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Answering Difficult Questions: The How-To Universal strategies from the new science of media training.

By Will Hardie

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In Zen Buddhism, there's a useful word meaning "neither yes nor no." When an acolyte asked a foolish question, the Master could reply "mu," meaning "I say 'yes,' but I mean 'no,' and the actual answer is: unask the question."

If only we could say "mu" in modern life!

Sadly, it only works on Buddhist monks, and not on children asking if Santa Claus is real. Happily though, there exists a large toolbox of practical techniques for answering difficult questions when they come your way. We teach them in in media training at the International School of Communication (ISOC), and also in public speaking training, for Q&A sessions. These strategies are versatile enough for you to use with bosses, clients, investors, customers– or anyone else in that category of people whose questions you might prefer not to answer directly.

The best practices in this regard have changed fundamentally from the bad old days of spin doctoring. Not long ago, it was common for politicians, spokespeople and executives to use clumsy "blocking and bridging" techniques when hit with an unwanted question (or indeed any question). They would dodge the question with a generic blocking phrase: "That's an interesting point…", and then change the subject with a bridging phrase: "… but to put it in perspective…"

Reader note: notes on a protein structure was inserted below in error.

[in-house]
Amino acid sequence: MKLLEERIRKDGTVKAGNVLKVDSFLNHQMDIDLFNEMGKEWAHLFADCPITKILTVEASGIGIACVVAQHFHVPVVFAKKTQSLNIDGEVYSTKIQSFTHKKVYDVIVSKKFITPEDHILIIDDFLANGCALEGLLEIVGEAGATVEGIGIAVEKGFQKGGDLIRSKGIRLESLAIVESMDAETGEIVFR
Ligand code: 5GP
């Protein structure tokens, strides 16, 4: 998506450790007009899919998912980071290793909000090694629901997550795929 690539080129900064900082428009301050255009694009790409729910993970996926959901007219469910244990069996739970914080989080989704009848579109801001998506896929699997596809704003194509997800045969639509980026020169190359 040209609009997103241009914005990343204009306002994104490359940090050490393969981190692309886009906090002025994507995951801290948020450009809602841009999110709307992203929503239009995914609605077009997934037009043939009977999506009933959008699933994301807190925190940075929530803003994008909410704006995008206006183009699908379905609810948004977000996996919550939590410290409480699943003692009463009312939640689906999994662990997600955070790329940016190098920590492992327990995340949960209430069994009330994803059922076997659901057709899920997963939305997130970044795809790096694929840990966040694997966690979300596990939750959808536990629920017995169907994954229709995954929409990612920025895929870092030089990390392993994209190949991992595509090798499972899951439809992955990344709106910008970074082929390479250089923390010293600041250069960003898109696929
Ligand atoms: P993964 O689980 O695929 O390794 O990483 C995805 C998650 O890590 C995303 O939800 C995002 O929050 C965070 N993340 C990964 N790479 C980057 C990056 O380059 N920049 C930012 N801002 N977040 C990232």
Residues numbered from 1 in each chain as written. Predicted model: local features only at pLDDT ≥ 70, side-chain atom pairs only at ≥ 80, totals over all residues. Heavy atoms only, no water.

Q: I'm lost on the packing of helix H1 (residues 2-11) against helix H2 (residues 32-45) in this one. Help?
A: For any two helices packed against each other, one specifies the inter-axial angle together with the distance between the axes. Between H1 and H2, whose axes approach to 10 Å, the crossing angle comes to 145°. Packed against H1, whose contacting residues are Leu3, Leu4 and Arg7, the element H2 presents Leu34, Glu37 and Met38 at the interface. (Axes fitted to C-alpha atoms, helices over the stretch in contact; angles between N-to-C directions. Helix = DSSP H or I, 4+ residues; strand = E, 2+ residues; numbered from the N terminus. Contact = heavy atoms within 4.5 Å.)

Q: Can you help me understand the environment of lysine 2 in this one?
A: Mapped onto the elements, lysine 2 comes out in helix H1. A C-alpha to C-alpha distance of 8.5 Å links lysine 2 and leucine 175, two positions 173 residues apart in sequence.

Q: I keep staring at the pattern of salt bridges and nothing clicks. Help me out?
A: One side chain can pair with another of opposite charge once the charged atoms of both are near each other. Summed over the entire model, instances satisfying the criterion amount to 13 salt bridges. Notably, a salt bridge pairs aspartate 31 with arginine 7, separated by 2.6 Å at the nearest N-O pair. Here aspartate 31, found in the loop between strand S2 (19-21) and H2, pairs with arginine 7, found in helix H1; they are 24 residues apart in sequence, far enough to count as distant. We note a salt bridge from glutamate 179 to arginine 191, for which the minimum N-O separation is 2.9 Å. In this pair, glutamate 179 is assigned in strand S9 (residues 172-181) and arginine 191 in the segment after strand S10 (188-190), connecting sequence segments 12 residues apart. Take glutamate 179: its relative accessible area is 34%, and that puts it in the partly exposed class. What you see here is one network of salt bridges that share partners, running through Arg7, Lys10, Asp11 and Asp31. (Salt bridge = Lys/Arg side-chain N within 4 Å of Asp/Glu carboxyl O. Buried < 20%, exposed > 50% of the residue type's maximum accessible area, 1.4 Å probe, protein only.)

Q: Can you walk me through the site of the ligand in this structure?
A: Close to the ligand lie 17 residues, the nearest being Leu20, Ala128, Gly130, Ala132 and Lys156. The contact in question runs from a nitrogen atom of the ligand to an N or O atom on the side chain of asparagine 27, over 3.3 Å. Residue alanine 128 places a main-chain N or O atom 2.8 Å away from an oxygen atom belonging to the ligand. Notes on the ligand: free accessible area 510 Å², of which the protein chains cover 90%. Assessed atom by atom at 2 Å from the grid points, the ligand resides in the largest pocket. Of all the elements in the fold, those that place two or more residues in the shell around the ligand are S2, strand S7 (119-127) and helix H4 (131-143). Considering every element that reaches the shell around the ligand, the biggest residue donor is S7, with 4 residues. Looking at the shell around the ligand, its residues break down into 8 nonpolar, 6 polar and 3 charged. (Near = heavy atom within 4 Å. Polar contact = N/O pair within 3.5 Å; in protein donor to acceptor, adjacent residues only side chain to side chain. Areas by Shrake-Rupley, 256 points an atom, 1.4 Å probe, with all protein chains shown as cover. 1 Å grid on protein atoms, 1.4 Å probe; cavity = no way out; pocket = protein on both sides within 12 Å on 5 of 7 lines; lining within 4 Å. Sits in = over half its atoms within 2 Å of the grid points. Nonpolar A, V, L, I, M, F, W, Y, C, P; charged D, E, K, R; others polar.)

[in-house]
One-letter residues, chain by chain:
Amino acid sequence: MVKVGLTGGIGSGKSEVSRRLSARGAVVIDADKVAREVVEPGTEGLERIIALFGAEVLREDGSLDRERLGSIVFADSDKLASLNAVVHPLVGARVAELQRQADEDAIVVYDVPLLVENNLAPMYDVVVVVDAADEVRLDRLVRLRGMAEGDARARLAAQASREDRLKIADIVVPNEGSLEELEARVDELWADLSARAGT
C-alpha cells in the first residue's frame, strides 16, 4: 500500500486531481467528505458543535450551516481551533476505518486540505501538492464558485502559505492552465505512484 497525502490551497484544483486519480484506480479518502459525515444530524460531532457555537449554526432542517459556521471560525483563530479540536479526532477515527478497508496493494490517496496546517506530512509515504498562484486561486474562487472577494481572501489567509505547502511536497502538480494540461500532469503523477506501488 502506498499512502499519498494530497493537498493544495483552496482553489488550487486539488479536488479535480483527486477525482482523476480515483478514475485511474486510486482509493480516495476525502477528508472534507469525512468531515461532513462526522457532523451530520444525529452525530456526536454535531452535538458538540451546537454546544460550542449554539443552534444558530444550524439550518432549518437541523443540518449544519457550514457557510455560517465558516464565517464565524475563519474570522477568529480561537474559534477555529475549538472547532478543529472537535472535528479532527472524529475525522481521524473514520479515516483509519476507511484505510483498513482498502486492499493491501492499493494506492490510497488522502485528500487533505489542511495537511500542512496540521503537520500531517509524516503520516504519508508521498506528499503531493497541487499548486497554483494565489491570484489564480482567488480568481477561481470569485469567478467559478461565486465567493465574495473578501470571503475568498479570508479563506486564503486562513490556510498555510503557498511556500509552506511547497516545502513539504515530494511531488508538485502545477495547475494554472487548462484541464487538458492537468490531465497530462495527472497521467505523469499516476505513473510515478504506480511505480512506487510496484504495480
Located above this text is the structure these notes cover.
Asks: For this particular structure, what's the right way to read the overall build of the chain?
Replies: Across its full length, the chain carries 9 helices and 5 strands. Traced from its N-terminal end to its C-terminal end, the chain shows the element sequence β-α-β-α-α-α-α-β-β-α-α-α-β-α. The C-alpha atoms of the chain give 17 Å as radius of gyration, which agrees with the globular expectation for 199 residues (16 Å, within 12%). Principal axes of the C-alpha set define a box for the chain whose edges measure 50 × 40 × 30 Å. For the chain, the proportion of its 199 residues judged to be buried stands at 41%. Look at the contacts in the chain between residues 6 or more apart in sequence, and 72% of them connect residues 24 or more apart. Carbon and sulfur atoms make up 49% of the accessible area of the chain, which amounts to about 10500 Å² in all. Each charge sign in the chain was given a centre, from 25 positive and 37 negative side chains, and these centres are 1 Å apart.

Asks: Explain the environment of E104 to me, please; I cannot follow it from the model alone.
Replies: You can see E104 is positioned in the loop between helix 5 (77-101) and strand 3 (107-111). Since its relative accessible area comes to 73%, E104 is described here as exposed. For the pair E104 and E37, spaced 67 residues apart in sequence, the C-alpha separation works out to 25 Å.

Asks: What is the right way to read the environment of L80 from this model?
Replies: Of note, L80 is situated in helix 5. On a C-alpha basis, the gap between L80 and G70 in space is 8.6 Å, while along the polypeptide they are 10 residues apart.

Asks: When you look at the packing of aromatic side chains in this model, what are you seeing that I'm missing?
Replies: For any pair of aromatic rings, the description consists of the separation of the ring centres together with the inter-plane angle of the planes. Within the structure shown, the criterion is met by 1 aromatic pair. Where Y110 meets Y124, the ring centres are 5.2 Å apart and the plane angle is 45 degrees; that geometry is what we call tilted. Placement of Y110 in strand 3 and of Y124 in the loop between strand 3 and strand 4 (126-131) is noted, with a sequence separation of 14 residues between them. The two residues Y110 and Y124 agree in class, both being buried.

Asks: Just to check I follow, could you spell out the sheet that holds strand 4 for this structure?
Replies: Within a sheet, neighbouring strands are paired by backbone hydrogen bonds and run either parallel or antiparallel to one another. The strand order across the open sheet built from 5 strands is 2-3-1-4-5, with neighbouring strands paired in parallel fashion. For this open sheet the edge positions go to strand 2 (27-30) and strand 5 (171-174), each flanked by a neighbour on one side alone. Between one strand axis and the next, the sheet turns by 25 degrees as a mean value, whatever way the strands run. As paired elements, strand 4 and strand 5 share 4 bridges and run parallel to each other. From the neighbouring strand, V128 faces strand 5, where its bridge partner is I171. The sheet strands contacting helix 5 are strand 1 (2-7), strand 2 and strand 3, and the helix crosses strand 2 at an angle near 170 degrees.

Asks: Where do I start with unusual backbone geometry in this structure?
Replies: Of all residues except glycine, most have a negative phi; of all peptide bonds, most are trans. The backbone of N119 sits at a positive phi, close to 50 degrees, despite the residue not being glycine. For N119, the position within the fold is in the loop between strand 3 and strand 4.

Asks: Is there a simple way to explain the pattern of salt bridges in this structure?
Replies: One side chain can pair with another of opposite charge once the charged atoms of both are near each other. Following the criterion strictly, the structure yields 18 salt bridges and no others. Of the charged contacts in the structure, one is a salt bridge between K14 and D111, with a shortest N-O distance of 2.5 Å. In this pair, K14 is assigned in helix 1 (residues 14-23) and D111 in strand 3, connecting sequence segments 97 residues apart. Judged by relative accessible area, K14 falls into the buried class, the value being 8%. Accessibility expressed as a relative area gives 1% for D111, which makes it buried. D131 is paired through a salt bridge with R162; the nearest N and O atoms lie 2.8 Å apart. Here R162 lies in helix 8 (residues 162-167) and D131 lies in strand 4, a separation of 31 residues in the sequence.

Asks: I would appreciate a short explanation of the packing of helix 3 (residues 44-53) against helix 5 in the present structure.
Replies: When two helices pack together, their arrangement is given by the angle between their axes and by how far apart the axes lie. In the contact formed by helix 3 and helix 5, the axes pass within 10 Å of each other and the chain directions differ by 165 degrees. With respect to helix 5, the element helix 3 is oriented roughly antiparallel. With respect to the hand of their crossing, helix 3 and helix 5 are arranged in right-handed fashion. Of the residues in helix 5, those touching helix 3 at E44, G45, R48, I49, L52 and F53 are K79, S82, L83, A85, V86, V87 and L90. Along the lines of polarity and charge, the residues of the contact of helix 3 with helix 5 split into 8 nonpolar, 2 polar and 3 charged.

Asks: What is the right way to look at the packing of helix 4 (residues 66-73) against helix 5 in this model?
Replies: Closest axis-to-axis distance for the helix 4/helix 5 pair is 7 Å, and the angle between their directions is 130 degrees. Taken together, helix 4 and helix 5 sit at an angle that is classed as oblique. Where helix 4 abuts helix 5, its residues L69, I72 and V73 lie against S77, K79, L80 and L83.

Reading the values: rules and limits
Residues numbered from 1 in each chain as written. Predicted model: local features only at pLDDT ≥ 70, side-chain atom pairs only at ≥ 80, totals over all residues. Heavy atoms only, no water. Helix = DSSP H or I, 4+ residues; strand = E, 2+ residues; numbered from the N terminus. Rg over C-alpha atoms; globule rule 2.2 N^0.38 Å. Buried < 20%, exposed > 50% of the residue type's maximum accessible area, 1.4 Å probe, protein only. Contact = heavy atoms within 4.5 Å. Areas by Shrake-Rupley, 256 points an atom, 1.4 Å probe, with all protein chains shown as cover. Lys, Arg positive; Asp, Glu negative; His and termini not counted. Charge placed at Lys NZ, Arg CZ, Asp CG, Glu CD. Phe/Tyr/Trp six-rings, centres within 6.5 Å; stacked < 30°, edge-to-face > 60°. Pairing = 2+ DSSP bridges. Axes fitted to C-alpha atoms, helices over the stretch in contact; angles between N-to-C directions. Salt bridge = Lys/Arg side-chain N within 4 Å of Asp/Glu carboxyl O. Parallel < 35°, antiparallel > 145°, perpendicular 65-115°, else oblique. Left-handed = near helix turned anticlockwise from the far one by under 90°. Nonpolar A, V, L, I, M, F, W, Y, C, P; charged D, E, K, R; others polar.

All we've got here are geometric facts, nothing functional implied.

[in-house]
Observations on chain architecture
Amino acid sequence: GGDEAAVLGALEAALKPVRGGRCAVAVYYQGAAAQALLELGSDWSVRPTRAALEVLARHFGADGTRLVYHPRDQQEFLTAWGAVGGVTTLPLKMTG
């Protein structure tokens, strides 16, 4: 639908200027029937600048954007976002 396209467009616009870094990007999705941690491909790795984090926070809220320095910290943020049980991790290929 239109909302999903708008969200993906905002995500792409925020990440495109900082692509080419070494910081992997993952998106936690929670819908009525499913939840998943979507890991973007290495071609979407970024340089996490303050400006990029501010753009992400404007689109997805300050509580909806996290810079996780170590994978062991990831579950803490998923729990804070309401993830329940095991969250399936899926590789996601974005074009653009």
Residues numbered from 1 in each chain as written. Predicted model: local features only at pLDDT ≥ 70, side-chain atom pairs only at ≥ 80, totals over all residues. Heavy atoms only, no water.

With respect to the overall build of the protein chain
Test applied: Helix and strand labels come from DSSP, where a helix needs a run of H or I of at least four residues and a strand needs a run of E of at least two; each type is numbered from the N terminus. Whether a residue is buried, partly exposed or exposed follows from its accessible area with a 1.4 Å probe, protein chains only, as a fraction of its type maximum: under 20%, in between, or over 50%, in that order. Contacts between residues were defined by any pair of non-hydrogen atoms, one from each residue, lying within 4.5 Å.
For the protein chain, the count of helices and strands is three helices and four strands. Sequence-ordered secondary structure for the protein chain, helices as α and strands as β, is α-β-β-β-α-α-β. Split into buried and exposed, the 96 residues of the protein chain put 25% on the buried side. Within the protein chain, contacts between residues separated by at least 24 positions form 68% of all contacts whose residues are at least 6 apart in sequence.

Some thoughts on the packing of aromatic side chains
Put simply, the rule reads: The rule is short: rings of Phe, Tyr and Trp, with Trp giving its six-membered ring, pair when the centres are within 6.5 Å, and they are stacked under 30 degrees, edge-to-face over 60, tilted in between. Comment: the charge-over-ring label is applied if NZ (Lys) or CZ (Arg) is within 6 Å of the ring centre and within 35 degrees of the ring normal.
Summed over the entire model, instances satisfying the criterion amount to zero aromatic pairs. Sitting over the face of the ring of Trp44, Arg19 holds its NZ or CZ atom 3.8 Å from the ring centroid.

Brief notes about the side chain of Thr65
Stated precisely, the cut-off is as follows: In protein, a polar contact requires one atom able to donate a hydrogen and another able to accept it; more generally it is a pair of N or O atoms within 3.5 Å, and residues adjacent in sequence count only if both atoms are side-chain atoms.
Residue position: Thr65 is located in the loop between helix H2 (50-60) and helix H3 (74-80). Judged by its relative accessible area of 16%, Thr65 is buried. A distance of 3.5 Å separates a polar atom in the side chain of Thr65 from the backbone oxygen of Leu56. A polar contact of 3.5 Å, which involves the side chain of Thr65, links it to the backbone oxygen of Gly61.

Does this language sound familiar? It lingers like a bad smell in set-piece scenarios like presidential debates and formal interviews with legacy media. We advise against this approach: it's counterproductive to duck a question in a way that makes you look slippery.

How can we remain authentic and truthful while handling a question that simply can't be answered straight? Trust and authenticity are the real currencies of the new media landscape, because these are also the basic dynamics of human communication. That is why there is no tolerance for being evasive. Practice the following approaches, and you will be well equipped to handle almost any difficult question that comes your way in an interview, at work, or in life.